Attack by Basque Separatists Fails As Support Dims for Terrorists


SPAIN'S opposition leader could easily become the next prime minister, thanks to a powerful car bomb meant to kill him but that left him unscathed and ever more popular.

The failed attack last week was another blow to Western Europe's most active domestic terrorist group, ETA, which yesterday claimed responsibility for the attack.

This separatist group, whose name stands for ''Basque Homeland and Liberty,'' in the Basque language, has long sought independence from Madrid for some 2.3 million Basques.

The Basques, almost certainly Europe's oldest surviving ethnic group, live in three northern Spanish provinces and in part of southern France.

Since the attack last Wednesday, analysts also predict that the opposition leader Jose Maria Aznar's conservative Popular Party will make an even deeper sweep in municipal elections next month.

But ETA's terrorist campaign is now losing both supporters and members, which may now number fewer than 200, according to a government security source. Six hundred ETA activists are in jail. Yet few political leaders here expect the guerrillas, who have fought since 1968 for an independent Basque homeland, to call it quits and start talking peace, as in Northern Ireland.

Constantly on guard

Being on guard against terrorism has become ingrained in Spain, somewhat like being careful about big-city street crime in the United States. In Spain, cars cannot be parked beside key government buildings. Handbags and mail are scanned at even mundane offices.

''A car bomb could go off anytime. People are aware of it, especially in Madrid and the Basque region, where ETA tends to strike,'' says Paulino Baena, spokesman for the national Association of Victims of Terrorism, formed in 1981.

ETA's political wing, Herri Batasuna (Popular Unity), over the weekend reaffirmed its support of ETA's violence, which has killed nearly 800 people and wounded 3,000 in 26 years. Popular Unity just last month quieted dissident voices in its ranks who criticized the party line.

''This is a very long road,'' sighs Mr. Baena. ''We're progressing, but slowly.''

Yet the failed assassination of Mr. Aznar in Madrid seemed to stiffen the political resolve of the government, which insists it is the winning the slow, grinding fight against Europe's second-most deadly separatist group, after the Irish Republican Army.

Socialist Prime Minister Felipe Gonzalez called it an attack on democracy and joined the increasing number of people urging restrictions on Popular Unity, seen as a cheerleader for ETA.

''There are crimes which are clearly delineated in the law ... which until now have not resulted in judicial action,'' Mr. Gonzalez warned.

Popular Unity holds just two of the 350 seats in Spain's national parliament. But in the northern Basque region, the party has a bigger voice in the regional parliament and gets about 15 percent of the vote.

ETA's violence has turned away many voters from Popular Unity, and ever-larger peace marches occur after practically each new ETA attack. The Basque region's controlling party is the center-right Basque Nationalist Party, which seeks a Basque homeland without violence.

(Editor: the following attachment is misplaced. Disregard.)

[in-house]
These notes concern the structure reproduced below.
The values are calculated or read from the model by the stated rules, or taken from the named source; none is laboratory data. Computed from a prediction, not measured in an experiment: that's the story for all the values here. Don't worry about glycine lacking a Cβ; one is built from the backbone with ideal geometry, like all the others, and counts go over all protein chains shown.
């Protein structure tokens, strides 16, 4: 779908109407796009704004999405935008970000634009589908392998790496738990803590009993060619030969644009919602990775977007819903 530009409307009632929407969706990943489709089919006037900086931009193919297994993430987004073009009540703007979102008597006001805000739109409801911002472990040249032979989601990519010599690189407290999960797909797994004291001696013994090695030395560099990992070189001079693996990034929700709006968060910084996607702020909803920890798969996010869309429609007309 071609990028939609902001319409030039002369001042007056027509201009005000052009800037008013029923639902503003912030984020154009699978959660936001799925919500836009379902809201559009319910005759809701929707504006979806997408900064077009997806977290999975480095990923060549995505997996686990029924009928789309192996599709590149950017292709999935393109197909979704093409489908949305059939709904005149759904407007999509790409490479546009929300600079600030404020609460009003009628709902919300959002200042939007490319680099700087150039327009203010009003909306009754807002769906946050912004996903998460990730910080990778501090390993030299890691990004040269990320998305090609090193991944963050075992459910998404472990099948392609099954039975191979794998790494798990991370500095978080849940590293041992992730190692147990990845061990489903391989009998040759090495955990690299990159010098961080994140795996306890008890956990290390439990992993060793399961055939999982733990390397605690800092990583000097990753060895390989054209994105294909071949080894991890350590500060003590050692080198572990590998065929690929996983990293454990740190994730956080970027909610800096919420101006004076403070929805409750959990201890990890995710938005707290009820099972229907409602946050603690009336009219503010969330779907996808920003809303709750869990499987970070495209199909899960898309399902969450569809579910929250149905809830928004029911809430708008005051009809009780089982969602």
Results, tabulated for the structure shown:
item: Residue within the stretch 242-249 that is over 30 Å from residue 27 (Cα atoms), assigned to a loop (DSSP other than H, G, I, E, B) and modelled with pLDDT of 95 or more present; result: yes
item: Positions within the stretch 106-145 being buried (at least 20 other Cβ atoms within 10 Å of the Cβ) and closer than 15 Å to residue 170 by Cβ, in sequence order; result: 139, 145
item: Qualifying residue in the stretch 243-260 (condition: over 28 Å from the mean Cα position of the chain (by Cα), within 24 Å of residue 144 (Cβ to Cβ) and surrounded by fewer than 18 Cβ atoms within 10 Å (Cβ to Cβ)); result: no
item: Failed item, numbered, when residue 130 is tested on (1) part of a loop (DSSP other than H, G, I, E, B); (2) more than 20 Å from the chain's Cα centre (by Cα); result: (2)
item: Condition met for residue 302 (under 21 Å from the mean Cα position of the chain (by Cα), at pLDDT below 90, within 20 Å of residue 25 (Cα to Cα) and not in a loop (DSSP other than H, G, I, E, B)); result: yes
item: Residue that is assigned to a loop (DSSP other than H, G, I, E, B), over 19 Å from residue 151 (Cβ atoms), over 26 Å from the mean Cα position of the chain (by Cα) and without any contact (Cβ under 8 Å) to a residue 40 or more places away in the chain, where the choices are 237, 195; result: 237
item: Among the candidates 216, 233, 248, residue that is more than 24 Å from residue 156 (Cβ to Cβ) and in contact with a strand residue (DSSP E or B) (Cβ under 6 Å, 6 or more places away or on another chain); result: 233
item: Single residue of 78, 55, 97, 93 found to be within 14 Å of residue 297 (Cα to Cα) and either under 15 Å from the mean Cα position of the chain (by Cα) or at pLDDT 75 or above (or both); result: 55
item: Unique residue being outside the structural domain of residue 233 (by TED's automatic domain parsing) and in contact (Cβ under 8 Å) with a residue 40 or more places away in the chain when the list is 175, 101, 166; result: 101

Instead of shutting down Popular Unity, Gonzalez, who has governed since 1982, has granted home-rule powers to Spain's 17 semiautonomous regions.

The Basque region has more power that any other region, including tax collection and running its own 5,000-member police force, which combats ETA along with the national police.

But Gonzalez's credibility has plummeted due to allegations that his security apparatus ran a state-sponsored dirty war against ETA last decade, killing 28 suspected terrorists. Several former senior security officials have been jailed while a judge investigates.

A hint at talks

Gonzalez and opposition leader Aznar agree that there can be no peace talks with ETA until it stops the violence, a stance that London also took with the IRA. The only official government-ETA talks were in 1989 in Algeria, but they ended quickly amid mutual accusations of bad faith.

But a spokesman for the moderate Basque Nationalist Party hinted it would explore talks with ETA even before the attacks end.

Those potential cracks in the political ranks may be enough to fuel what many analysts say are ETA's hopes that its violence will force the government into talks.

ETA appears more than willing to carry on the fight, even if it has to use younger, less-experienced operatives. Spanish media reported that ETA this month sent a fresh set of recruitment letters to disgruntled, often-unemployed youth in the northern Basque provinces. ETA also recently sent a different letter to businesses, pressuring them to pay a ''revolutionary tax'' or else.

These funds and ransom collected from the occasional spectacular kidnapping have boosted ETA's war chest.

But while ETA's numbers are dwindling, the Spanish -- especially those dozen people wounded in last week's car bomb -- are still well aware that the conflict is far from being resolved.

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